The Art Of Love: Book Two

Poem By Ovid

...Short partings do best, though: time wears out affections,
The absent love fades, a new one takes its place.
With Menelaus away, Helen's disinclination for sleeping
Alone led her into her guest's
Warm bed at night. Were you crazy, Menelaus?
Why go off leaving your wife
With a stranger in the house? Do you trust doves to falcons,
Full sheepfolds to mountain wolves?
Here Helen's not at fault, the adulterer's blameless -
He did no more than you, or any man else,
Would do yourself. By providing place and occasion
You precipitated the act. What else did she do
But act on your clear advice? Husband gone; this stylish stranger
Here on the spot; too scared to sleep alone -
Oh, Helen wins my acquittal, the blame's her husband's:
All she did was take advantage of a man's
Human complaisance. And yet, more savage than the tawny
Boar in his rage, as he tosses the maddened dogs
On lightening tusks, or a lioness suckling her unweaned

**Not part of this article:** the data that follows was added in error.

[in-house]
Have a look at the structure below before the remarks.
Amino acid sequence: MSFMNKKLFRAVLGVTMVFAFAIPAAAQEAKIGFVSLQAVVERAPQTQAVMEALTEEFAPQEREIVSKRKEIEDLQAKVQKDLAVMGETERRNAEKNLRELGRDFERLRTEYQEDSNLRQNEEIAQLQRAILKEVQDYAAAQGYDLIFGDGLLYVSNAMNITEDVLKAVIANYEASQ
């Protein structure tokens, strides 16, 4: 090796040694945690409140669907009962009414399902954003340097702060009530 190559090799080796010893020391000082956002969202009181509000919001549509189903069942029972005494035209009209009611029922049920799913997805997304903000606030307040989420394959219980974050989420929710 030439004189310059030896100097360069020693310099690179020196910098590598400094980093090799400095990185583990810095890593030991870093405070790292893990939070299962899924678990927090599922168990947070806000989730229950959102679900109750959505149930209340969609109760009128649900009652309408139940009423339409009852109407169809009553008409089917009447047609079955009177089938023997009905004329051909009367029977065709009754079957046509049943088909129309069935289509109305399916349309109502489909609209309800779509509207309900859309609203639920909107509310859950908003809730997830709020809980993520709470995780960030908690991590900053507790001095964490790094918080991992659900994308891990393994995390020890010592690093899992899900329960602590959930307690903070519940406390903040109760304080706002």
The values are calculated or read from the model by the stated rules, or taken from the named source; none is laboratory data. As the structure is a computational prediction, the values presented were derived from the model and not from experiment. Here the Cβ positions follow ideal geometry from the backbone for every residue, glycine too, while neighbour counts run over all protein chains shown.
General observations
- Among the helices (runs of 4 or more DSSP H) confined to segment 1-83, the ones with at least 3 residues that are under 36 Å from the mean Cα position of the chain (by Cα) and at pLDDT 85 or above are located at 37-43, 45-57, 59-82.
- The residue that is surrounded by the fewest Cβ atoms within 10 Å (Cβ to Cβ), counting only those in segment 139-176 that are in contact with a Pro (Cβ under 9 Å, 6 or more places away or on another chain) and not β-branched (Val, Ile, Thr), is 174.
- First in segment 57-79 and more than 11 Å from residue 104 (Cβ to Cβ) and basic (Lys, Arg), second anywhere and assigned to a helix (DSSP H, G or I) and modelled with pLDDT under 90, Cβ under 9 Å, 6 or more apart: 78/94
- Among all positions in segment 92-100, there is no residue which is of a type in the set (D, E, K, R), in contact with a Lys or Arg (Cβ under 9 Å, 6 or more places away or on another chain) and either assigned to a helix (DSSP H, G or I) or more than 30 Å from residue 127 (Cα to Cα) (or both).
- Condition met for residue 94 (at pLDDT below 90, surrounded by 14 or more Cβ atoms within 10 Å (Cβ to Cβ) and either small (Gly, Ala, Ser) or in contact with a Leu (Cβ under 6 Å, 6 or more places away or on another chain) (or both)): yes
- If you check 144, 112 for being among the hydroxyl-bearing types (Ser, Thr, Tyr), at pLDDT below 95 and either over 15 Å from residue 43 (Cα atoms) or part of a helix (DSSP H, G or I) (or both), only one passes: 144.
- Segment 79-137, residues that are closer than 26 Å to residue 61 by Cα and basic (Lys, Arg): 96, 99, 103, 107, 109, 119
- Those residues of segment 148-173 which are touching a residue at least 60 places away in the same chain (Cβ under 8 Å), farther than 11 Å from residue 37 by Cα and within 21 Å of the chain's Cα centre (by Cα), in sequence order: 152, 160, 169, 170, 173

Cubs, or the tiny adder crushed
By some careless foot, is a woman's wrath, when some rival
Is caught in the bed she shares. Her feelings show
On her face. Decorum's flung to the wind, a maenadic
Frenzy grips her, she rushes headlong off
After fire and steel... .

Comments about The Art Of Love: Book Two

........an amazing write and great theme ★


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Other poems of OVID

Salmacis And Hermaphroditus

HOW Salmacis with weak enfeebling streams
Softens the body, and unnerves the limbs,
And what the secret cause shall here be shown;

On Fidelity

I don't ask you to be faithful - you're beautiful, after all -
but just that I be spared the pain of knowing.
I make no stringent demands that you should really be chaste,
but only that you try to cover up.

Pygmalion And The Statue

PYGMALION loathing their lascivious Life,
Abhorred all Womankind, but most a Wife:
So single chose to live, and shunned to wed,

Seeing Thou Art Fair

SEEING thou art fair, I bar not thy false playing,
But let not me poor soul know of thy straying.
Nor do I give thee counsel to live chaste,

Metamorphosis Viii, 611-724

Baucis and Philemon

THUS Achelous ends: his audience hear
With admiration, and admiring, fear